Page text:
Pokémon Go seems to have taken the world by storm in the last few days. The Pokémon Company partnered with Niantic Labs to create a new type of game for mobile users that allows gamers to blur the line between gameplay and their ordinary lives.

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If you liked Pokémon as a kid but are scoffing that you’re an adult now, the first-of-its-kind game is also great for travelers. Did you know that creatures and rewards are found in popular places like Shinjuku station in Tokyo and the waterfront in San Francisco? The Eiffel Tower, too.

Pier 39, San Francisco

Pier 39, San Francisco

Bulletin boards are full of gamers talking about what rare creatures might be hiding in which countries in future updates, and while the game is currently only officially available in the United States, Australia and New Zealand, there are reports of users in London and Toronto, with official UK, Europe and Asia releases coming sooner than expected. No word yet on official South America or Canada releases.

Using your phone’s geolocation, the game is tied to the features around you.

Working as a “team” with your iPhone or Android, you can be walking to the deli during your lunch break or about to grab a bowl of clam chowder at Boudin Bakery on holiday when you feel your phone vibrate.

Whipping it out it shows you Charmander (one of the game characters) right across the street. You swipe a Poké Ball across the screen to catch the Pokémon, making the fantasy real.

Fun for adults, and fun for kids. Plus, getting kids that are normally glued to their phones the motivation to get outside and get moving seems a great idea.

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Jokes and laughs abound with stories that are emerge about gameplay becoming too “real” after players are reportedly walking into trees and bruising their shins by looking at their phone rather than where they are going. All in a day’s play, right?

Historic places are also points of interest in the game, encouraging a trip to the library or an old hotel, and there are humorous sites about where not to play Pokémon Go.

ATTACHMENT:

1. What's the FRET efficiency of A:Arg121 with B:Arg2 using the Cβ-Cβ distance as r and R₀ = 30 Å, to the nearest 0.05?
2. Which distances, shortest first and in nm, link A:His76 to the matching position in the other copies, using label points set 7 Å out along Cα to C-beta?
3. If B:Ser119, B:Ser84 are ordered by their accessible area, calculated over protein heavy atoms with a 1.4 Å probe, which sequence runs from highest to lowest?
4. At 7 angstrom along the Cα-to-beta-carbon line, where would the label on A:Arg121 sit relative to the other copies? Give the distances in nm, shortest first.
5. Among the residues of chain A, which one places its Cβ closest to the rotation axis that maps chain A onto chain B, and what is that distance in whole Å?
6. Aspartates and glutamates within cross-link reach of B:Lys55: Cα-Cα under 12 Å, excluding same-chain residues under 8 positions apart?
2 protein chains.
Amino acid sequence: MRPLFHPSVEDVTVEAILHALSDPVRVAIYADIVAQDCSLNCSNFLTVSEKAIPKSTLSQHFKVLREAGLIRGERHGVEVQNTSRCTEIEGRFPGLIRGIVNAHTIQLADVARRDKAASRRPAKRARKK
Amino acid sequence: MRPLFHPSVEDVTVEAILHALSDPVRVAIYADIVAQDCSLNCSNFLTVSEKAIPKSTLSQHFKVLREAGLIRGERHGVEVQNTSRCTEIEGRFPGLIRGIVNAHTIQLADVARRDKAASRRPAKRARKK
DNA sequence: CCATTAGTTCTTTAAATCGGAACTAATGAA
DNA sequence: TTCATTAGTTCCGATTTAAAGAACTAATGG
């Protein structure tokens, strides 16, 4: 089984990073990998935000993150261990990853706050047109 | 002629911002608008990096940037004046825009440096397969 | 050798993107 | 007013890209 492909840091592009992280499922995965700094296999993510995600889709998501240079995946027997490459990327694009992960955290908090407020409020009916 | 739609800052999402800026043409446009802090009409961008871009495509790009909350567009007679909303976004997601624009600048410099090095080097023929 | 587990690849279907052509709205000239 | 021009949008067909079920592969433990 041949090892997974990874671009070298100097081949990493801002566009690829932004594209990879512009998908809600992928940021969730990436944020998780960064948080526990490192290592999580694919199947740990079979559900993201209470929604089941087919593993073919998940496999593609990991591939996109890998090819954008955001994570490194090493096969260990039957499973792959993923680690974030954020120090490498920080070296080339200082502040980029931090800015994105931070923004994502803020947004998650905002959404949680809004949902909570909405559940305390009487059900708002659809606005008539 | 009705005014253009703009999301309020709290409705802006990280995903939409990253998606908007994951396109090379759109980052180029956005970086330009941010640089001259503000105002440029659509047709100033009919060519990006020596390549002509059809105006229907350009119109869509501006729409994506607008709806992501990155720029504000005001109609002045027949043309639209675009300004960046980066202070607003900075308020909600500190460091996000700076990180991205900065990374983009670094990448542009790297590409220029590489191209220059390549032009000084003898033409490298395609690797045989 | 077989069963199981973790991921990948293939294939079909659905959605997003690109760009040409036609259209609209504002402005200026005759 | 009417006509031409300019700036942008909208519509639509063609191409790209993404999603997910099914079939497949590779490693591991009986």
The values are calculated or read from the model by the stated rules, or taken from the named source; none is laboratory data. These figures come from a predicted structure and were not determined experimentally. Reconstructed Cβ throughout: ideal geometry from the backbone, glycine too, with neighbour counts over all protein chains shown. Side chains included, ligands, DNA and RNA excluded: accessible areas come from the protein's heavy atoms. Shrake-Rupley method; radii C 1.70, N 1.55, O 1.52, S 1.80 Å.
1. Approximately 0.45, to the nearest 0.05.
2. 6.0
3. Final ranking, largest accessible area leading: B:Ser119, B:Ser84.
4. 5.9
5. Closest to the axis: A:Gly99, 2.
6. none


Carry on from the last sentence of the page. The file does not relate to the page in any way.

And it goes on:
For parents though, a little bit of caution is encouraged. An armed robbery is already being linked with the game, and then there’s the case of the Windsor.

The New Windsor Hotel in Phoenix, Arizona was built in 1893, when the town was just booming with a new railroad. The hotel is in the National Registry of Historic Places, though it is no longer being used as a hotel. Instead, it has become a halfway house for registered sex offenders.

The New Windsor Hotel, picture from Wikipedia

The New Windsor Hotel, picture from Wikipedia

Fox10Phoenix reported that Pokémon Go users saw the hotel as a beacon on their devices, probably because it a historic place. Even though players don’t need to go into the building to get game rewards, it is a good reminder that the real world still requires common sense and that contrary to game characters, you probably only get one life.

You don’t really have to “catch ’em all”. Maybe more like “catch some when it is safe”.

Darwin Police station in Australia is also a Pokéstop, but law enforcement officials are urging gamers to stay outside since you don’t have to go in to get the rewards.

Thinking of checking out the game?
Here are links to download Pokémon Go via:


If you are outside of the US, Australia or New Zealand and still want to play, here’s a website with details on how to do it.

For all new users, here’s a beginner’s guide to the game.

Even though the game isn’t everywhere yet, it will certainly add a twist to familiar landmarks.

Are you or your kids playing Pokémon Go? Will you play it when you travel?